“And when people don’t participate, that vacuum is filled by lobbyists and special interests and we get into a downward spiral where people get discouraged and think nothing is going to make a difference. And that unfortunately is the spiral we have been on for the past couple years.”


If Democrats retake the House in November — and a handful of traditionally Republican seats in California could make the difference — many citizens will look upon Obama’s return to the political fray this week as the beginning of an American restoration.

A restoration of integrity.

Of decency.

Of honesty.

And, possibly even, of the ideal of bipartisanship, strangled by the current chief executive, then dumped by the side of the road in Crazytown, Chief of Staff John F. Kelly’s nickname for the White House, according to Bob Woodward in his new book “Fear: Trump in the White House.”

Trump’s response to Obama’s attack in Illinois? He said he fell asleep. It was his idea of a clever putdown. Instead, it inspired an outpouring of mockery on Twitter. (“Trump ‘fell asleep’ during Barack Obama’s speech because it wore him out looking up all those words in the dictionary,” quipped screenwriter Randy Mayem Singer.)

In truth, it’s the Sleek Dog who has been asleep.

“You can feel people saying, ‘Enough is enough,’” Obama said Saturday. “We’re going to kick off our bedrooms slippers, we’re putting on our marching shoes.”

Nap time is over.

12 Russian Indictments For Hacking Clinton Campaign: How Much Did Trump Know?



Deputy Atty. Gen. Rod Rosenstein outlines a new indictment Friday against alleged Russian hacks into Hillary Clinton campaign accounts.
Deputy Atty. Gen. Rod Rosenstein outlines a new indictment Friday against alleged Russian hacks into Hillary Clinton campaign accounts. (Evan Vucci / Associated Press)

Then-candidate Donald J. Trump said he was just joking in July 2016 when he called on Russia to “find the 30,000 emails” that Hillary Clinton had not turned over to State Department investigators, ostensibly because they were personal correspondence and not government business.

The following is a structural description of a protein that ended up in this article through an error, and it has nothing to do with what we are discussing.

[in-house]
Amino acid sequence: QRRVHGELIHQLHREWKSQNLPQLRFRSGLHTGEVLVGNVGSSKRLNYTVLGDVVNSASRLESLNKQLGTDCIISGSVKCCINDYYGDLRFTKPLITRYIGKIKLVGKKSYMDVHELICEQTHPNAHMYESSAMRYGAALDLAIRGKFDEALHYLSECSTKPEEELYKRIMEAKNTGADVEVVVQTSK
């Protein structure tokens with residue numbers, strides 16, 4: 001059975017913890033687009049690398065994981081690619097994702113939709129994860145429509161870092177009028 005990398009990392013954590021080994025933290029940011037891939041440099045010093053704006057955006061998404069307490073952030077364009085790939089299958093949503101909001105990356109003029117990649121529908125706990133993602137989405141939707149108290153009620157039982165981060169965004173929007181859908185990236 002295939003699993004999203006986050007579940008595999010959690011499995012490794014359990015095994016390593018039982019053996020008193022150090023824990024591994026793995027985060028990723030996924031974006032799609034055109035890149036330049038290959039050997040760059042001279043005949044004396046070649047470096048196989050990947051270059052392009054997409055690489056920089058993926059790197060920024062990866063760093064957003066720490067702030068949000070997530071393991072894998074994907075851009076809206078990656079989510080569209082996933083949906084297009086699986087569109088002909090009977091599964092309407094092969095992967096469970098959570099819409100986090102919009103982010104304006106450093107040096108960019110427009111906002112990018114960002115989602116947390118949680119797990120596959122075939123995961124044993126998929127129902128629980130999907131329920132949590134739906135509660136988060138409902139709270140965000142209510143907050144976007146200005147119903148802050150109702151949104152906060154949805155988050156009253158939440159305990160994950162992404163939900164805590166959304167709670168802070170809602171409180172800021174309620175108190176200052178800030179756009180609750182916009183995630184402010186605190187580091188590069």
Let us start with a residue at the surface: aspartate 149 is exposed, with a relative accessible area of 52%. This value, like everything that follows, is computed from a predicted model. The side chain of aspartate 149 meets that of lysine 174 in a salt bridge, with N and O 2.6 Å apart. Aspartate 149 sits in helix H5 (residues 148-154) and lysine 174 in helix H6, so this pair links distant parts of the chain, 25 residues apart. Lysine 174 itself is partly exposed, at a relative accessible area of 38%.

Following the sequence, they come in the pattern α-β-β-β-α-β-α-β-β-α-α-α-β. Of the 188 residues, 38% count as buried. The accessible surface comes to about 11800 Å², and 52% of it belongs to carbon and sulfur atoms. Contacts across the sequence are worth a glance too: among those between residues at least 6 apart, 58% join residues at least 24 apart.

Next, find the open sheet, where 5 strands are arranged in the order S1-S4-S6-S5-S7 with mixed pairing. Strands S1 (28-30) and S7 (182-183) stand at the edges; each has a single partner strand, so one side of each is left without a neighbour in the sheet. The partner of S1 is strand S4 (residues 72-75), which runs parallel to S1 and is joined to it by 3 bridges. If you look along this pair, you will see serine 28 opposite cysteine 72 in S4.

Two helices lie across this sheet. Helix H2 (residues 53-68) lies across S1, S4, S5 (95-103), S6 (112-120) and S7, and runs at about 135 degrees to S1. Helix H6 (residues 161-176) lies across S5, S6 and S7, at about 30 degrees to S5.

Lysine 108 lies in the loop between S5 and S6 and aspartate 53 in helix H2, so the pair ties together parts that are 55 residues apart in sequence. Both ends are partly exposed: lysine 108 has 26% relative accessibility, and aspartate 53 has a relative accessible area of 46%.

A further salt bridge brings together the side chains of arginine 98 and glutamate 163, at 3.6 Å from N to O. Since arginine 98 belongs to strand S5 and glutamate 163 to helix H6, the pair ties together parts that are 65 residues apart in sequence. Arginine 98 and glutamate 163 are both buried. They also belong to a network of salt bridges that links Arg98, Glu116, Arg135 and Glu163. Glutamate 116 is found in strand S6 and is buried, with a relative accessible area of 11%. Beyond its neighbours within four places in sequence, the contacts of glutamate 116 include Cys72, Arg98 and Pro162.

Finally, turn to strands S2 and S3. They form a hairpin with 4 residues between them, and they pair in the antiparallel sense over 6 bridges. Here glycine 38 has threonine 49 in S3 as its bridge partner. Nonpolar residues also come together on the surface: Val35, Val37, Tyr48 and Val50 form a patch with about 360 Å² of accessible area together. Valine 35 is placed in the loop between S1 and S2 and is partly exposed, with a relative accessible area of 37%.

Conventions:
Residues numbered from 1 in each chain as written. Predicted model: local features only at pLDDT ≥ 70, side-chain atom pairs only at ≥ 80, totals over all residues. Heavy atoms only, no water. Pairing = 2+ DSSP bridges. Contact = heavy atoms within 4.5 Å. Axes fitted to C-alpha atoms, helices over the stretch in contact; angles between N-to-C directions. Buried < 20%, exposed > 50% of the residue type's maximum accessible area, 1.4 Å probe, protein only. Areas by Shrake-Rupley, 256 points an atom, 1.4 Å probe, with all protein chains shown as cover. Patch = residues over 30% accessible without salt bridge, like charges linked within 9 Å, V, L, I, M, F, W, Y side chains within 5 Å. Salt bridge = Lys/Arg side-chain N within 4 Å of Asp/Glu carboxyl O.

Now that special counsel Robert S. Mueller III has obtained indictments against 12 Russian intelligence officers in connection with hacking into multiple Clinton campaign-related email accounts in the four previous months, it puts Trump’s comments in a different light.

The indictment alleges that the Russian agents broke into accounts for the Democratic National Committee, the Democratic Congressional Campaign Committee and various volunteers and employees at Clinton’s campaign — including the email account of her campaign chairman, John Podesta. It goes into some detail on how it identified the responsible parties, adding weight to the allegations.

The agents are not accused of hacking Clinton’s private email server, which isn’t surprising. Although former FBI director James Comey said in 2016 that the server could have been hacked by a hostile government, FBI investigators later told the agency’s inspector general that they were “fairly confident” the server was not compromised.

Regardless, emails taken from the DNC account started leaking in June 2016 at the site DCLeaks, then the following month from WikiLeaks. A hacker using the moniker Guccifer 2.0 — later linked by security experts to Russia — claimed credit for the leaks, but others did too, leaving the culprits unclear. Bear in mind that much of the discussion of the leaks centered on the DNC’s apparent favoritism for Clinton over her main rival for the Democratic nomination, Sen. Bernie Sanders (I-Vt.). So while there were suspicions about Russia, the precise motives behind the leaks were hard to divine.

That’s the backdrop for Trump’s remarks. And now one has to wonder, just how much did he know about what Russia was actually doing?